LADY REBECCA and Lady Nicotine together saved Virginia for the English. One of those dusky protectoresses shielded the colony in its feebleness and the other gave it strength to stand alone.
The Indians hardly knew what to do with those first Englishmen to settle down among them. At other times, when they could easily have snuffed them out, "God so moved their hearts" that they fed them and saved them from starvation.
As Jamestown grew stronger, it waxed bolder and forced the issue between the white man and the red by seizing Pocahontas and holding her as a hostage for the good conduct of her father, Chief Powhatan. But the captive soon took captive John Rolfe, gentleman, who fell a ready prey to the by no means artless daughter of the forest.
With "her incitements stirring me up," as Rolfe confessed, he was blind to the color of his tawny sweetheart and to her faults, save only her "heatheness." When that stain had been washed away at the baptismal font, and her heathen name changed to Rebecca, he married her, and they dwelt together "civilly and lovingly."
After that first Anglo-American marriage had been blessed by a baby boy, the trio went to England on a visit. With them went the feathered chief Tomocomo, carrying a bundle of sticks under his arm.
Tomocomo had been sent along by the curious and crafty father of the bride, who instructed him to see the King and Queen and to tell him, on his return, what they looked like. He was also charged by Powhatan to cut a notch in a stick for every person he saw in England. Unfortunately the bundle gave out before he could complete the census.
At court and everywhere they went, there was much ado over the "American Princess." But her royal progress was stopped by an attack of smallpox, and Pocahontas found a grave far from her homeland.
Brief as it unhappily was, that matrimonial alliance between nations brought a saving peace to the Jamestown colony that lasted as long as the father of Pocahontas lived. It also bore fruit on some of the proudest family trees that were to spring from the soil of Virginia. The Randolphs, with John of Roanoke, and the Bollings, with Edith Bolling Wilson, mistress of the White House, are among those who cherish their descent from the son of Lady Rebecca.
That union of races bore still other fruit on a lowlier tree, and on the alter of its memory uncounted millions have burnt fragrant incense. In the honeymoon of Rolfe and Pocahontas, the bridegroom watched over some Indian weeks transplanted in their garden by the James and succeeded in domesticating the tobacco plant. And Lady Nicotine became the savior of Virginia economically after Lady Rebecca had saved the colony from her people.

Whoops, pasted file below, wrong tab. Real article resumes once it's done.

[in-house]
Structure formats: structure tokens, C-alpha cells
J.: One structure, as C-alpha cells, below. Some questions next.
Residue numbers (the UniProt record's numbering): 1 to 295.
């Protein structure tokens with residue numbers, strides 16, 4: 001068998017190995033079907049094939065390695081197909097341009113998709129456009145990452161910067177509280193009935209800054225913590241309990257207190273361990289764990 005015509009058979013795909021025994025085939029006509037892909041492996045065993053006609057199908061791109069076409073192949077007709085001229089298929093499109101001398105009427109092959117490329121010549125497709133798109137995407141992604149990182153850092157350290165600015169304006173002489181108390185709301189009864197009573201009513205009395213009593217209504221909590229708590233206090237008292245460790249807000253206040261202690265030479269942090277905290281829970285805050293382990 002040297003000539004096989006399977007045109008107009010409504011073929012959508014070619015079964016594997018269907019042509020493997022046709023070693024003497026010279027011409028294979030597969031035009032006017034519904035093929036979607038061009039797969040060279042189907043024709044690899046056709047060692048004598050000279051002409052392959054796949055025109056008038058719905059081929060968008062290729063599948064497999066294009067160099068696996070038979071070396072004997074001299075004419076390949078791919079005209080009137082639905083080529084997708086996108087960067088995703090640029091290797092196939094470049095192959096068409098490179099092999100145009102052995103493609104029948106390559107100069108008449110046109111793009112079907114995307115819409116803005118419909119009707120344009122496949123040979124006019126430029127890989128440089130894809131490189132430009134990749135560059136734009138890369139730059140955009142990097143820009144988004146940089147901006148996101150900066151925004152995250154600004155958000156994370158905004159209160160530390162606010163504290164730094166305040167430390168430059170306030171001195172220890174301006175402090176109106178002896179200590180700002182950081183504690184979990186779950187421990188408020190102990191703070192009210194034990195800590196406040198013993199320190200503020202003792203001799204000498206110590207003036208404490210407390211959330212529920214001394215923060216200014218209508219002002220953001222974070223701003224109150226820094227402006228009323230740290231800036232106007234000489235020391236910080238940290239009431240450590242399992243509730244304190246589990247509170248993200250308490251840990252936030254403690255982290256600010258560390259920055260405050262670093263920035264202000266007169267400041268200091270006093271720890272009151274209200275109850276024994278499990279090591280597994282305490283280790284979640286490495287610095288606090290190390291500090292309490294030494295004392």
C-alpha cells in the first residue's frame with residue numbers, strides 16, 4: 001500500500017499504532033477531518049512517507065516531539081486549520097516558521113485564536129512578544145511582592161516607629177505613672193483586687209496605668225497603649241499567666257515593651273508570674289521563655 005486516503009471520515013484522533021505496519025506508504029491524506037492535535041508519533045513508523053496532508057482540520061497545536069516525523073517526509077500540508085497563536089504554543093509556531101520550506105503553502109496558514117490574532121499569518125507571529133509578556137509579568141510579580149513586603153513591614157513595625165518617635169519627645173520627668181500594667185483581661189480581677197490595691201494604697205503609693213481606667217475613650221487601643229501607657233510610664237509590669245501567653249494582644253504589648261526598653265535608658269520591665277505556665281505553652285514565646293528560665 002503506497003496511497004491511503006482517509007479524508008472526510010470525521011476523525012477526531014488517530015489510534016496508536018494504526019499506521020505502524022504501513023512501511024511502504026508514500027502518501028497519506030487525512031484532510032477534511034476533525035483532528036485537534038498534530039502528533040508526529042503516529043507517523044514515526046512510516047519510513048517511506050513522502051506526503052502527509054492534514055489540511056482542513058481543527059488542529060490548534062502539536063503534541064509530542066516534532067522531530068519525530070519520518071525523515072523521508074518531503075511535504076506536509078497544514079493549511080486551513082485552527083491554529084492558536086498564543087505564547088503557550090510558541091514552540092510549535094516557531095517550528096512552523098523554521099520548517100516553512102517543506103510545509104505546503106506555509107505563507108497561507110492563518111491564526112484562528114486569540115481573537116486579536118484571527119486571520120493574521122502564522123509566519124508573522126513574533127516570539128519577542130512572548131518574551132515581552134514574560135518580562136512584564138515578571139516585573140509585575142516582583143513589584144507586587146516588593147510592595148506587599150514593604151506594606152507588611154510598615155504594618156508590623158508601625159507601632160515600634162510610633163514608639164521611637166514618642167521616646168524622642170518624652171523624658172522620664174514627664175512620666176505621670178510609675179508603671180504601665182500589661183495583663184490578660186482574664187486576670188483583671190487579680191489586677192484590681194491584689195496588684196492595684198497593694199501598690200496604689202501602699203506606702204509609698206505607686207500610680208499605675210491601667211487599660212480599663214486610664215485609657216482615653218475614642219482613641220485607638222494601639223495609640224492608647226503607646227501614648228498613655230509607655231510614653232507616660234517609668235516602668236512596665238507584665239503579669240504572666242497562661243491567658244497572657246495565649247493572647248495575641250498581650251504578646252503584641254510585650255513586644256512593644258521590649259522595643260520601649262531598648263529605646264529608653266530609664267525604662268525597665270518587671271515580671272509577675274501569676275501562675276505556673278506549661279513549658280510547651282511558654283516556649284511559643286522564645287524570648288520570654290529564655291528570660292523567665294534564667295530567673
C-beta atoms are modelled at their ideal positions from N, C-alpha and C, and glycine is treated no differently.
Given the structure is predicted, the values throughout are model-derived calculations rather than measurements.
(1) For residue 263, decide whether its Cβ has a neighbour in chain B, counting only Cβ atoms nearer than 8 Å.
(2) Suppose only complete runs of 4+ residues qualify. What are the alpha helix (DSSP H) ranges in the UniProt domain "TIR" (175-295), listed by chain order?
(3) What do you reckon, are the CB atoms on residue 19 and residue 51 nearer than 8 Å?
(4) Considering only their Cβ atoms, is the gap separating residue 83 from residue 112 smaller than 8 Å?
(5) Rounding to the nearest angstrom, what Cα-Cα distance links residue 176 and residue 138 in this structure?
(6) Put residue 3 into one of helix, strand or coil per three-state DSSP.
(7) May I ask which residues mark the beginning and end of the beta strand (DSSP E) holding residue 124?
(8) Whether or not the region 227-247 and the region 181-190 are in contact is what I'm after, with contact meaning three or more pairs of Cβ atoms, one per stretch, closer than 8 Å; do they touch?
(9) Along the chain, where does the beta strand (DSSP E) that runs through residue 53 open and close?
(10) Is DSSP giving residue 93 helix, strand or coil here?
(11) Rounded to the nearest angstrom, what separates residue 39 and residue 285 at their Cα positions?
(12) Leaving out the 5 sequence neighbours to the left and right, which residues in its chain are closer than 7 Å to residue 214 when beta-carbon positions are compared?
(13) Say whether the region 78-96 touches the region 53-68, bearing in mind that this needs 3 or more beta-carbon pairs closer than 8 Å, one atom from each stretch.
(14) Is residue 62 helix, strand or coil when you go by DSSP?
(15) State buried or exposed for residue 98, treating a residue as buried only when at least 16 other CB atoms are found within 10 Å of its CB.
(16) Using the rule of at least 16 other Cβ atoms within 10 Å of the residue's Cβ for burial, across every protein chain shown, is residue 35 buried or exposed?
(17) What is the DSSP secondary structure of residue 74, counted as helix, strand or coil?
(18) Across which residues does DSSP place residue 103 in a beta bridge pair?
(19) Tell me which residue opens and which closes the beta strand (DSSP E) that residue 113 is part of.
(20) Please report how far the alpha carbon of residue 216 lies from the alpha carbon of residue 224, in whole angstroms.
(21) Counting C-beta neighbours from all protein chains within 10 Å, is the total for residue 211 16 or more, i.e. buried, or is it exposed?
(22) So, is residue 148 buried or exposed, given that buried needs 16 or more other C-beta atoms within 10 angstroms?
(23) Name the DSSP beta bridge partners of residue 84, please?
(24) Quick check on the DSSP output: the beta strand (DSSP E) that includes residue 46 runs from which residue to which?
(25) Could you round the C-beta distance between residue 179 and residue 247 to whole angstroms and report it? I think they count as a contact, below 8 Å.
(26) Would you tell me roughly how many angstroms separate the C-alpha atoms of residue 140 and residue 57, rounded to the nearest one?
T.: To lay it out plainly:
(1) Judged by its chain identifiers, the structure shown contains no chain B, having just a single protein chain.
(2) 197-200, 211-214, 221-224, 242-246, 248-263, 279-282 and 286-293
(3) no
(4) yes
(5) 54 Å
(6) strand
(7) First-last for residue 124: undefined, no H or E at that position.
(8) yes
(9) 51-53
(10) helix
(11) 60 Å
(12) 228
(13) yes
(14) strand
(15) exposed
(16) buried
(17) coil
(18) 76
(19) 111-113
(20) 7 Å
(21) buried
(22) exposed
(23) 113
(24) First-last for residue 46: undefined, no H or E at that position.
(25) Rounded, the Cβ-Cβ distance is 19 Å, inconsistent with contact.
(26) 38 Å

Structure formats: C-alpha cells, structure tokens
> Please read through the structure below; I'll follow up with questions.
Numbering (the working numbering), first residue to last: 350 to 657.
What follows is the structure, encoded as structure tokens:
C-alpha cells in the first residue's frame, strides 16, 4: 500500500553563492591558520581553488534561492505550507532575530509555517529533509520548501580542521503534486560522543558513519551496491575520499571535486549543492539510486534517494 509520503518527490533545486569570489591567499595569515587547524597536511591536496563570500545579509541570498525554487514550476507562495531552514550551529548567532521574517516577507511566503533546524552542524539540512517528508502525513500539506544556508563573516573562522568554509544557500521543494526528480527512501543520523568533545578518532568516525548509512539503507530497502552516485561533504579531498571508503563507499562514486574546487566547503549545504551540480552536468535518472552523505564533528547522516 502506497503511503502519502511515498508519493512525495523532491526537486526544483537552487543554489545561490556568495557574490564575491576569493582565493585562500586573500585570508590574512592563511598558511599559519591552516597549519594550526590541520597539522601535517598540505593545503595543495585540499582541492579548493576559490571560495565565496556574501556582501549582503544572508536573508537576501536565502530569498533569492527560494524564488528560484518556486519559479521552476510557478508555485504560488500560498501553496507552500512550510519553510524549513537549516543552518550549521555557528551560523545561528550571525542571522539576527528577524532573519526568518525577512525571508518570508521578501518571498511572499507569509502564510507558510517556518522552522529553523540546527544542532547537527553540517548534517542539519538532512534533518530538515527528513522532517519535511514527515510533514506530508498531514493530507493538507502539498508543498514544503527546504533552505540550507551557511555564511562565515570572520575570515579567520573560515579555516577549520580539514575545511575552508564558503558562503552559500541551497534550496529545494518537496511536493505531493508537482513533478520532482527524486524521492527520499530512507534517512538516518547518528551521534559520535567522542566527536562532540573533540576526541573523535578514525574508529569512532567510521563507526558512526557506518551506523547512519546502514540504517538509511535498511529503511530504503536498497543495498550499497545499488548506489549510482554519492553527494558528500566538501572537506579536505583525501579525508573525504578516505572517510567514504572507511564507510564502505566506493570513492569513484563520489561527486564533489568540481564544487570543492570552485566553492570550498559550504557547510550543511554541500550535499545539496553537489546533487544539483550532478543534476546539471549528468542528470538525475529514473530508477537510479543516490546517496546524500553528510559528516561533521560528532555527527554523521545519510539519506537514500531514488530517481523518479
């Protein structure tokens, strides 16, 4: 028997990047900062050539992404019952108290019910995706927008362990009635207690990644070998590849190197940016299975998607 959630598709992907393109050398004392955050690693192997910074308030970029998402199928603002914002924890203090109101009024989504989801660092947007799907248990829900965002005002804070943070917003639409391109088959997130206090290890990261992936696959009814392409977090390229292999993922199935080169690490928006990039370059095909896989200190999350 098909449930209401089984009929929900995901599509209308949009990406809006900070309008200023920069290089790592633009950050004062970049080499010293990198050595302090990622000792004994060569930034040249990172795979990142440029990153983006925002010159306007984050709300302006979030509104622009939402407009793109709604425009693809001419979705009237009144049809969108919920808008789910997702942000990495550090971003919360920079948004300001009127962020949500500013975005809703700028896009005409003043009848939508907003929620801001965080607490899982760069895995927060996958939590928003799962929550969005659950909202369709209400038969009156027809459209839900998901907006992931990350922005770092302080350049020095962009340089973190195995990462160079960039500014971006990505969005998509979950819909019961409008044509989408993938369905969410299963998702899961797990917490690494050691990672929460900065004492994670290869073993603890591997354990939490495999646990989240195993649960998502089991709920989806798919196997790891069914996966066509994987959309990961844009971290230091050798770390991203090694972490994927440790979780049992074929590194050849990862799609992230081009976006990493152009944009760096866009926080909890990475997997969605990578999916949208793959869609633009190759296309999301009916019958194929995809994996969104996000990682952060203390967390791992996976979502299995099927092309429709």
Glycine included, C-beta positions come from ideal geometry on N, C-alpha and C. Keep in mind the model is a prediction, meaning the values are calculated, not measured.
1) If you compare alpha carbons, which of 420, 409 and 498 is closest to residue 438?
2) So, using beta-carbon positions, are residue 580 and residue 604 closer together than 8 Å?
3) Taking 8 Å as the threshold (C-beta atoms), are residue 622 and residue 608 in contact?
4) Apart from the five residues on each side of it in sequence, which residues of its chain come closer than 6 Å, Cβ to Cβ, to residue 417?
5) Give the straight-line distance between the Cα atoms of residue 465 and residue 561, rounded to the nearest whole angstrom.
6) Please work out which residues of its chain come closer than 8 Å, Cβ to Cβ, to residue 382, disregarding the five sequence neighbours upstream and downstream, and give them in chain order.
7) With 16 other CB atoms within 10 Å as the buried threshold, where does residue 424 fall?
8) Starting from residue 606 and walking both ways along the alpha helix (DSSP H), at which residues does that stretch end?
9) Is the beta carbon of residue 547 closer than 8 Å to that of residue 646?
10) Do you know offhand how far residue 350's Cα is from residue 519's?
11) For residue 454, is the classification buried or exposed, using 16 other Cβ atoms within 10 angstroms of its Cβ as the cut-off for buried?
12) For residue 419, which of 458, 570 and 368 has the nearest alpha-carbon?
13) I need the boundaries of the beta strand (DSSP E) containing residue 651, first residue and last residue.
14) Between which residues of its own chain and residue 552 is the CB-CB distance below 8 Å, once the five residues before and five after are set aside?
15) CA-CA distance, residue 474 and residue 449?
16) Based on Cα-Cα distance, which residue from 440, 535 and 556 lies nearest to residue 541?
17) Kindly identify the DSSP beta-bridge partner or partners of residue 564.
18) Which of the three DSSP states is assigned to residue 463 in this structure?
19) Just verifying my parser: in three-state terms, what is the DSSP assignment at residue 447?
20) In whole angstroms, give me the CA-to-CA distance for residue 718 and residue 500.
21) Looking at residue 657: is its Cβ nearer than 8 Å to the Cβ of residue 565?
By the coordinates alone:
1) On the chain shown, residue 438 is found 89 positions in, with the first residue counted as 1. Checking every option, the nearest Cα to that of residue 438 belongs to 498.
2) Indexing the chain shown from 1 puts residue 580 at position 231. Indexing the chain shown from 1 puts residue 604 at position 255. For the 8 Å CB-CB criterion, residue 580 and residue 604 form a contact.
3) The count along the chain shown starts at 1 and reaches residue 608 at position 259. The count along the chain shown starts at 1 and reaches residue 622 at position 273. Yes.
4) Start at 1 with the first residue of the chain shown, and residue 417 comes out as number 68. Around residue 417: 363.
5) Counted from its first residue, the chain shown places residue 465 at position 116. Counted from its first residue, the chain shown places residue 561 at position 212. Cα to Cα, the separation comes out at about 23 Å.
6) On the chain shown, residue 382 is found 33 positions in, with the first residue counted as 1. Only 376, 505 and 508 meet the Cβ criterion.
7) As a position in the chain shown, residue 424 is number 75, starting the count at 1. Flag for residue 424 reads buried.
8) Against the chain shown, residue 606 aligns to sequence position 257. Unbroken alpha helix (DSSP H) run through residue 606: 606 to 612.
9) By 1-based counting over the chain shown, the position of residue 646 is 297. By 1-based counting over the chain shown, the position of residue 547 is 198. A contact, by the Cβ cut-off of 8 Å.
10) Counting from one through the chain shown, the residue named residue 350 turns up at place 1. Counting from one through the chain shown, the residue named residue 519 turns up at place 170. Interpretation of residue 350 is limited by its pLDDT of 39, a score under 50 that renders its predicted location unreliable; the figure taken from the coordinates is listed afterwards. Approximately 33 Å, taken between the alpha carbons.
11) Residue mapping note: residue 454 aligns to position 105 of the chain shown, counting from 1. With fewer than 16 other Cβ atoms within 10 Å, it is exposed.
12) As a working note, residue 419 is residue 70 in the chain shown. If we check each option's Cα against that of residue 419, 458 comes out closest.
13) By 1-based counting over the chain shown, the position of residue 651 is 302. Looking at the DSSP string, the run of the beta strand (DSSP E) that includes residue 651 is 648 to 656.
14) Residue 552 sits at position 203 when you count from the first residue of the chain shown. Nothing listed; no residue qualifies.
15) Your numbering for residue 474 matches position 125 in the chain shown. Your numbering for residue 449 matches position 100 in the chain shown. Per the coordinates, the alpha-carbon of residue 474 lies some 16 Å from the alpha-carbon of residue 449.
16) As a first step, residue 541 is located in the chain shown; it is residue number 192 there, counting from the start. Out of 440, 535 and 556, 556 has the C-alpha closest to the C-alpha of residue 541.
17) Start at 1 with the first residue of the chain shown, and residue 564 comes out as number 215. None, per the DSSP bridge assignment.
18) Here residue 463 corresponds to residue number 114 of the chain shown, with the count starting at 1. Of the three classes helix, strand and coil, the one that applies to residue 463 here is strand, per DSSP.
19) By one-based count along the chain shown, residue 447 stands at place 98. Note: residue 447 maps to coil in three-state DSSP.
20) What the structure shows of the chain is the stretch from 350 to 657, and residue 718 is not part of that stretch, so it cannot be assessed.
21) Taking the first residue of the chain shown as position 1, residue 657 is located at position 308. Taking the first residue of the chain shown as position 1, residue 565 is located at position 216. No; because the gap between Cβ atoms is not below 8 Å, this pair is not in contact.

The colonists had found no gold to send to England in payment for their necessary supplies, but in tobacco they found "something just as good." Its leaf became the medium of exchange at home and in foreign markets. Starting with the shipment of 40,000 pounds in 1620, the export rose in two years to 60,000 and in six years more to half a million pounds.
The truth broke upon the understanding that Virginia was not to be a mere mining camp and trading post, but a land of homes. No member of the home-making sex had come at first except a lady and her maid. They had hardly more than landed when the maid lost her heart and the lady lost her maid.
A few cargoes of maids and widows were shipped out from England as exports and all duly invoiced as "young, handsome and chaste . . . agreeable and incorrupt." They were worth their weight, not in silver, or gold, but in tobacco, the new currency of the colony. A maid of Jamestown, might bring her importer as much as 150 pounds of the leaf.
With land for the asking, a woman in the house and soon with children as hostages to fortune, the ambitious colonists pushed up the rivers that were the first highways of the Venetian-like colony. Even today 10 counties of that tide water Virginia still are getting along without railways.
Tobacco had decreed that Virginia should be a land of planters. Large plantations were carved out by younger sons from England, disinherited by her law of primogeniture, and afterward by a few cavaliers of the fallen King Charles. Indentured servants were shipped over to cultivate those great estates. Thus an English shire was transplanted in the New World, with the castes and customs of the Old World reproduced in it.
They were loyal Englishmen, those forbears of "the first families of Virginia." But they brought with them the Englishman's stubborn sense of his rights, which a Virginia planter, in good time, was to proclaim as the birthright of Americans as well.
Something else than tobacco was domesticated in Virginia soil at one and the same time. It was in 1619 that the first legislative assembly in America, the House of Burgesses, met at Jamestown. A contrasting and fateful event occurred in that very year of 1619, when John Rolfe recorded in his diary: "About the last of August came a Dutch man-of-war that sold us twenty Negars."
Thus America started with her house divided against itself. Liberty and slavery were pitted against each other in a long-drawn-out tragedy whose closing act is not yet.
James Morgan, Boston Daily Globe, Oct 20, 1927, p. 18